43. Absolutely – one of the challenges though, is that you don’t want to be a piece of equipment on the battlefield emitting radiation too obviously as that’s a super easy way to target something.

    The other part of this is that it’s an asymmetric advantage for the Ukrainians. The Russian army is likely to already have extensive comms network, down to the squad level. The UKR army may not, and having that capability levels things a bit with the Russians.

  44. There’s a service/app called Flightradar24 that shows this sort of thing in real time. @peternlewis turned me on to it when we were in London several years ago for a wedding—it’s fascinating to be able to identify the planes overhead. But you can also zoom around the world to see where planes are—and aren’t—flying. Ukraine is conspicuously empty of civilian air traffic and has been since the start.

  45. I just read that Ukraine is allowing Russian POWs to call their families back in Russia. I don’t know if it is via Ukraine’s cellular network or landline nor, if the former, using the POW’s own phones. Smart move on Ukraine’s part.

  46. There’s no technical reason why not. Every mobile device’s SIM card contains many different identifiers that can be used to identify the network(s) that own its account. An operator could easily (if allowed by law, of course) configure a network to refuse connections by cards that identify as Russian (or any other undesirable country).

    But it may not be desirable to do so. People often have SIM cards whose provisioning doesn’t always correspond to their home country. A mistake here could lock out people you definitely don’t want to cut off from the network.

    For example, go a a page like this one and type in the number printed on your SIM card (the “ICCID” - Integrated Circuit Card Identifier), it will tell you information about the card. And it may not be what you thought.

    In my case, when entered the number on the card from my Verizon iPhone 4s (CDMA, with a SIM for roaming onto GSM networks), the card identified itself as Vodafone, Netherlands. This makes sense, because the SIM isn’t used in the US and Vodafone is (or at least was, at the time) a part of Verizon. But someone trying to identify my country of origin from that number would get incorrect information.

    Similarly, if I enter the number on the card from my old Verizon iPhone 6+ (or the one on my new iPhone 13), it decodes to four networks in three countries: SSi Connexions in Canada, Choice Phone in Guam, Choice Wireless/AmeriLink in the US and Verizon Wireless in the US.

    It would not surprise me if at least some Ukranian operators issue SIM cards that identify with multiple operators, possibly including a Russian one, depending on what kind of partnership agreements the operators had established with each other.

  47. That’s where @chengengaun’s screen shot was from. He mentioned it in his post actually.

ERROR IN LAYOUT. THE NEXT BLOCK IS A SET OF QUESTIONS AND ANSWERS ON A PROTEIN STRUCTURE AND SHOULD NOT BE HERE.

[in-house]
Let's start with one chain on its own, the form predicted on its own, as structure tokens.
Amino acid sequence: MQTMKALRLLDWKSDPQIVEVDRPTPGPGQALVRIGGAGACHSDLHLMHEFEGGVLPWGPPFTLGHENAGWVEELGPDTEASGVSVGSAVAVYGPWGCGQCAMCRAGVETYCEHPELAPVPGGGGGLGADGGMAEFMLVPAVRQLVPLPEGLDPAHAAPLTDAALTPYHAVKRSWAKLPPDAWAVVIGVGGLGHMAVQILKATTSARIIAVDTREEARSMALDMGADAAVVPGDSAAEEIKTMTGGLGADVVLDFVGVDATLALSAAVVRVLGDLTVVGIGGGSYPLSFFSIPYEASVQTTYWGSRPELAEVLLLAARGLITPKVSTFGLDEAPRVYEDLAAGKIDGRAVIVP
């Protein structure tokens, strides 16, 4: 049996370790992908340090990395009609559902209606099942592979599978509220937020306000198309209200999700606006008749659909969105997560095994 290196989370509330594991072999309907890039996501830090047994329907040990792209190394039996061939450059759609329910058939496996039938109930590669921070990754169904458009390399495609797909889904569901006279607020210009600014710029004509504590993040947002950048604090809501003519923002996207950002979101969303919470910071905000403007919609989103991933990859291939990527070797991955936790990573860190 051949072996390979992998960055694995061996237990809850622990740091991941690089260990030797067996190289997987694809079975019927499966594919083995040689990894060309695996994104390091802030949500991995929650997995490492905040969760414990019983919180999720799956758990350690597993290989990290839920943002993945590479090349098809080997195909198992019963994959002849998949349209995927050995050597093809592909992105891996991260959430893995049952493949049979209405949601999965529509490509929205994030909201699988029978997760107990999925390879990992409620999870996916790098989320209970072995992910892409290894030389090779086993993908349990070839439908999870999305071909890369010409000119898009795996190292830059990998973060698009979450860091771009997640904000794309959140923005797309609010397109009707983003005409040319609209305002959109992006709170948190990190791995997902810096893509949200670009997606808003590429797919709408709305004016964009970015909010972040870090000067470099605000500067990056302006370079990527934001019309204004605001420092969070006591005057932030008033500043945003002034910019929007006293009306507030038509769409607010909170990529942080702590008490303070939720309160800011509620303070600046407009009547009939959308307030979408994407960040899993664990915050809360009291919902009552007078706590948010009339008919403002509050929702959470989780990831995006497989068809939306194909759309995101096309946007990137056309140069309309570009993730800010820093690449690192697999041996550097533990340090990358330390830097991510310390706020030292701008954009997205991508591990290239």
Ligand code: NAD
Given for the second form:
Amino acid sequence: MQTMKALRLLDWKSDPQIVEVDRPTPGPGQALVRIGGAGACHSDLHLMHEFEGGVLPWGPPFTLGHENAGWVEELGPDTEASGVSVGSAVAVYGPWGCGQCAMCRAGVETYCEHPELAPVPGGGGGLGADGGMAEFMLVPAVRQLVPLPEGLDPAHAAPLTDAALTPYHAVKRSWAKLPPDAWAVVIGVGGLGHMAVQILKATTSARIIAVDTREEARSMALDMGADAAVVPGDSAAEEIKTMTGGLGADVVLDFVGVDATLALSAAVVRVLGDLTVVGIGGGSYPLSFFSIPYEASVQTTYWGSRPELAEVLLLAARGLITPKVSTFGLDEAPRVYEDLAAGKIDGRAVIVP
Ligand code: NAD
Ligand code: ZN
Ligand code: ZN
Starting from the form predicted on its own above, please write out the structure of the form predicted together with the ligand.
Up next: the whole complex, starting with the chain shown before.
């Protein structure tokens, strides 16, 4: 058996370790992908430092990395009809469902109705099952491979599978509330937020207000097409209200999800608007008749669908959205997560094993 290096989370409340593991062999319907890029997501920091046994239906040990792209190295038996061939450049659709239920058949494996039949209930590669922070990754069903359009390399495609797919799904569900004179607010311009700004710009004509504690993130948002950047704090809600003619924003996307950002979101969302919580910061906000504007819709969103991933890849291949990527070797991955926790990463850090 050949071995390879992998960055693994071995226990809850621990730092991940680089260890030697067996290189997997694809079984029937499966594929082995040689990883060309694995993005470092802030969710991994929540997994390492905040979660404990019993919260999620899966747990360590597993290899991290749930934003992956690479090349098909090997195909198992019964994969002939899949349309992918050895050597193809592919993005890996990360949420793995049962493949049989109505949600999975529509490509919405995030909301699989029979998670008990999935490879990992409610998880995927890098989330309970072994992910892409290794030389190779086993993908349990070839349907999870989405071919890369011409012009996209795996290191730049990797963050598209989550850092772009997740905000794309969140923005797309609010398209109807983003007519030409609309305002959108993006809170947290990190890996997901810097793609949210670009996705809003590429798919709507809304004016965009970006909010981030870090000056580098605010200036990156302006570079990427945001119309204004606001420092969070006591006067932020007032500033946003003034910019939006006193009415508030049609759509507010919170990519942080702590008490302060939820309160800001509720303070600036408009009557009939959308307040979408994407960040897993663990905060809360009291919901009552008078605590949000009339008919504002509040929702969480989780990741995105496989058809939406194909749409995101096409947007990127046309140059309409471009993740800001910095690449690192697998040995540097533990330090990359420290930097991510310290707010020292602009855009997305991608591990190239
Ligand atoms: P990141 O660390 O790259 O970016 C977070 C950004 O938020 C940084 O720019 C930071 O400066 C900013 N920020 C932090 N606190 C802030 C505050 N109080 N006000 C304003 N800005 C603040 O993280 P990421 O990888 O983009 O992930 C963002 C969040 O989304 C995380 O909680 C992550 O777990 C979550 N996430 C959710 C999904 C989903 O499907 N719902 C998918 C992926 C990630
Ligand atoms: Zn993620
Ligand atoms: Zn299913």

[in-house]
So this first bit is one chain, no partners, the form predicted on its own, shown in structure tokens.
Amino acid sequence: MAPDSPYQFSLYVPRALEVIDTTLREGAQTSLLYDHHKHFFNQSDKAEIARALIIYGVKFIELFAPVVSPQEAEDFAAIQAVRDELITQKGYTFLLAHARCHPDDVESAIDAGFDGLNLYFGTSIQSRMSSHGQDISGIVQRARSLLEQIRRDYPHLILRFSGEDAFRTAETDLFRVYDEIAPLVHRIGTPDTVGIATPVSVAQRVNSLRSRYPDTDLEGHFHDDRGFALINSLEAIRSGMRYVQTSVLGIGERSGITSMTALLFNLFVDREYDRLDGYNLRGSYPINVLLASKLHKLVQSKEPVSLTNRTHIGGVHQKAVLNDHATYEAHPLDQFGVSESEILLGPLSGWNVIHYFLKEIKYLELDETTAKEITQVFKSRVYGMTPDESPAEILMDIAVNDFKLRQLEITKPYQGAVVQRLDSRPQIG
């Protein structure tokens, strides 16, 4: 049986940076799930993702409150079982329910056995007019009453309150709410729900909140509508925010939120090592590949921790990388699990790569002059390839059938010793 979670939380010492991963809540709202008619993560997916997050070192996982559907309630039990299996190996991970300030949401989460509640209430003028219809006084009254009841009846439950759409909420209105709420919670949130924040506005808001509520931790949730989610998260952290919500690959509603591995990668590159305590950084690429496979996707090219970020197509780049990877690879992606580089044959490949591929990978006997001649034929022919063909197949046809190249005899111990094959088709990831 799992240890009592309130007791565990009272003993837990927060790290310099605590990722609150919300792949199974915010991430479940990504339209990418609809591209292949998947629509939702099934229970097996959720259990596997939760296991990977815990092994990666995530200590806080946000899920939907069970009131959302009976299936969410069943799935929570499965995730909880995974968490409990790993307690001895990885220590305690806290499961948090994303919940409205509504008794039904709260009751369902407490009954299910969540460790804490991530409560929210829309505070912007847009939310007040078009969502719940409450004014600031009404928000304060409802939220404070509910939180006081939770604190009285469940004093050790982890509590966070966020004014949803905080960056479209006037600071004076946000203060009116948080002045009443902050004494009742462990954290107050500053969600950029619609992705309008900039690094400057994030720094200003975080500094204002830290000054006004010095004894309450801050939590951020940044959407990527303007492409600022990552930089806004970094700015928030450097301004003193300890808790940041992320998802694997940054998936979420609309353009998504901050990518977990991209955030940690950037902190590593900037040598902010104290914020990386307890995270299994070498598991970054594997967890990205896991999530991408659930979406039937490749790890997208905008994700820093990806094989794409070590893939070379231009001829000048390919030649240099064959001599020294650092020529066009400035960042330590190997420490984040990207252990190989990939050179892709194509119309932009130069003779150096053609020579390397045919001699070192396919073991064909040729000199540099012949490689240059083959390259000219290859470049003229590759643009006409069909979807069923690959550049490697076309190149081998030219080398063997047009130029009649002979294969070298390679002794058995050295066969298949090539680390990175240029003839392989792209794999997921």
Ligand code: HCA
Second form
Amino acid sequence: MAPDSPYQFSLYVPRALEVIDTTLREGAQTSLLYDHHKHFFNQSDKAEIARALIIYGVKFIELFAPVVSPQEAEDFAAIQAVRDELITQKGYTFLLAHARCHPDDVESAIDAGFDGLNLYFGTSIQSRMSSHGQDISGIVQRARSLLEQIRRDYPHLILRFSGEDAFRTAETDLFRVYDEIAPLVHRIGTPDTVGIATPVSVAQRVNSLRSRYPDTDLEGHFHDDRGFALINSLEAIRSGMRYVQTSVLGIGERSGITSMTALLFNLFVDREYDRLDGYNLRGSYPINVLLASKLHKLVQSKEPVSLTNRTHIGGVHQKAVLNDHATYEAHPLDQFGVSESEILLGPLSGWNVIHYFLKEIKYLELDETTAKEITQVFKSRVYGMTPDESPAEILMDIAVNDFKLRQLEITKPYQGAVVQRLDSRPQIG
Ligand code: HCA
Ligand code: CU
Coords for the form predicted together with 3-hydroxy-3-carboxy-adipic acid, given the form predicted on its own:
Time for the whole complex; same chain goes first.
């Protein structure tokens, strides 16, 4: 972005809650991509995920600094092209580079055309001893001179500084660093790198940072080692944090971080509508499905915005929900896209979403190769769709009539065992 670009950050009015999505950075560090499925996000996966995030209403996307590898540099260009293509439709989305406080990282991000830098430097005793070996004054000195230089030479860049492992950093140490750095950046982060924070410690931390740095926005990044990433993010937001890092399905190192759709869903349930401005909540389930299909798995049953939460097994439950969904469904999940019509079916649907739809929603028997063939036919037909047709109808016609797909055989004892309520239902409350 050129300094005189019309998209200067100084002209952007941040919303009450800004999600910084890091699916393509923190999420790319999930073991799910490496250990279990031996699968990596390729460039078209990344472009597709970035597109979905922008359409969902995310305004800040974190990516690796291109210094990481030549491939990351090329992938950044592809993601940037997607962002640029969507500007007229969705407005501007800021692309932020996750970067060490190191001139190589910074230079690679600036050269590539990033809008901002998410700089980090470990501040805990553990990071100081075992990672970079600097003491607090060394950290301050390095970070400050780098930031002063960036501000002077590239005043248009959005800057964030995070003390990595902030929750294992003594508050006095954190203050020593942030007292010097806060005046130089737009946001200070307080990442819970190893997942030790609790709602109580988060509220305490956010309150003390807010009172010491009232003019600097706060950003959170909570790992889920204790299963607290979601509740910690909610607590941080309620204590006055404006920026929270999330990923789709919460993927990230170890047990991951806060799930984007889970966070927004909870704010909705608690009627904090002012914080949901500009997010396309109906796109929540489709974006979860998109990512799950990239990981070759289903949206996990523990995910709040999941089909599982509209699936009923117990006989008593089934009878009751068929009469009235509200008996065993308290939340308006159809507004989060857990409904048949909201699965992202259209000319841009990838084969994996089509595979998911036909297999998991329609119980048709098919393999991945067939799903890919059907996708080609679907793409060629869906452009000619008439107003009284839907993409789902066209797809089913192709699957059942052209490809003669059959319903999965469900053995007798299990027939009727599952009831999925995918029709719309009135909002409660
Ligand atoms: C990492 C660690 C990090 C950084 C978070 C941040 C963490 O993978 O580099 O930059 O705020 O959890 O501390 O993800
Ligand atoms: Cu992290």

48. For happier occasions when I ordered items online, sometimes I used Flightradar24 and Flightaware coupled with tracking status to guess which flight the shipments were on. Always amazed me how UPS/FedEx/DHL coordinate their flights, and I can travel vicariously during the pandemic - it’s surprising to see some of the routes.

  49. How so? That article requires humane care and treatment of wounded and sick POWs. Allowing the POWs to contact their families back in Russia sounds like humane care of them. Unless they are not allowed to use iPhones; only Android phones - THAT would definitely be inhumane! :wink:

  50. Russian iOS users would be less affected if there was a alternative App Store, or a sideloading option.

  51. It’s getting increasingly harder for anyone, in any capacity, not to sanction or boycott Russia. Whoever doesn’t is going to get the worst possible publicity. I’ve seen that Russian-owned pro-cycling teams have been banished from competition everywhere although individual Russian cyclists on other teams can race. In looking at the current professional women’s tennis (WTA) tournament in France, I see the two Russian players are now without a country listed. I cannot see international events of any kind taking place in Russia as long as Putin is in power.

  52. Please try to keep all comments on the topic of technology and ideally the connection to the Apple world. I understand the desire to share other things—it feels like something we can do in a situation where we otherwise feel powerless—but madness that way lies.

    To hold myself to the standard, here’s an update on our friend Julia Petryk of MacPaw, who was featured in an article in an Icelandic site. If you click the link below, you’ll get English via Google Translate:

    I also saw that Readdle has announced it will no longer accept or support customers from Russia, and it has pulled its apps from the Russian App Store and Google Play store.

    I started thinking about whether TidBITS should be providing services to Russia as well, but when I looked at our subscription list, I could find only about five or six subscribers with a .ru address who weren’t already bouncing. They could be actual people, though Sendy reports when there’s activity on a message, and none of them have any activity recorded at all. The vast majority of .ru subscribers I’ve seen in the past three years have been bot-created spam accounts that I delete on a weekly basis.

  53. Not sure if you’re referring to my post but for those who watch and know about the Met, they are big on technology starting with their Live in HD series at movie theaters and computer subscriptions as well. During the early part of the pandemic, there were daily free operas able to view and these were available all over the world. So technology is a big part of their organization and losing one of their “stars” who is a big draw for them is relevant. I realize that opera is still not as popular as other genres. I wonder if the Met will drop her content from their web site or block Russia from access.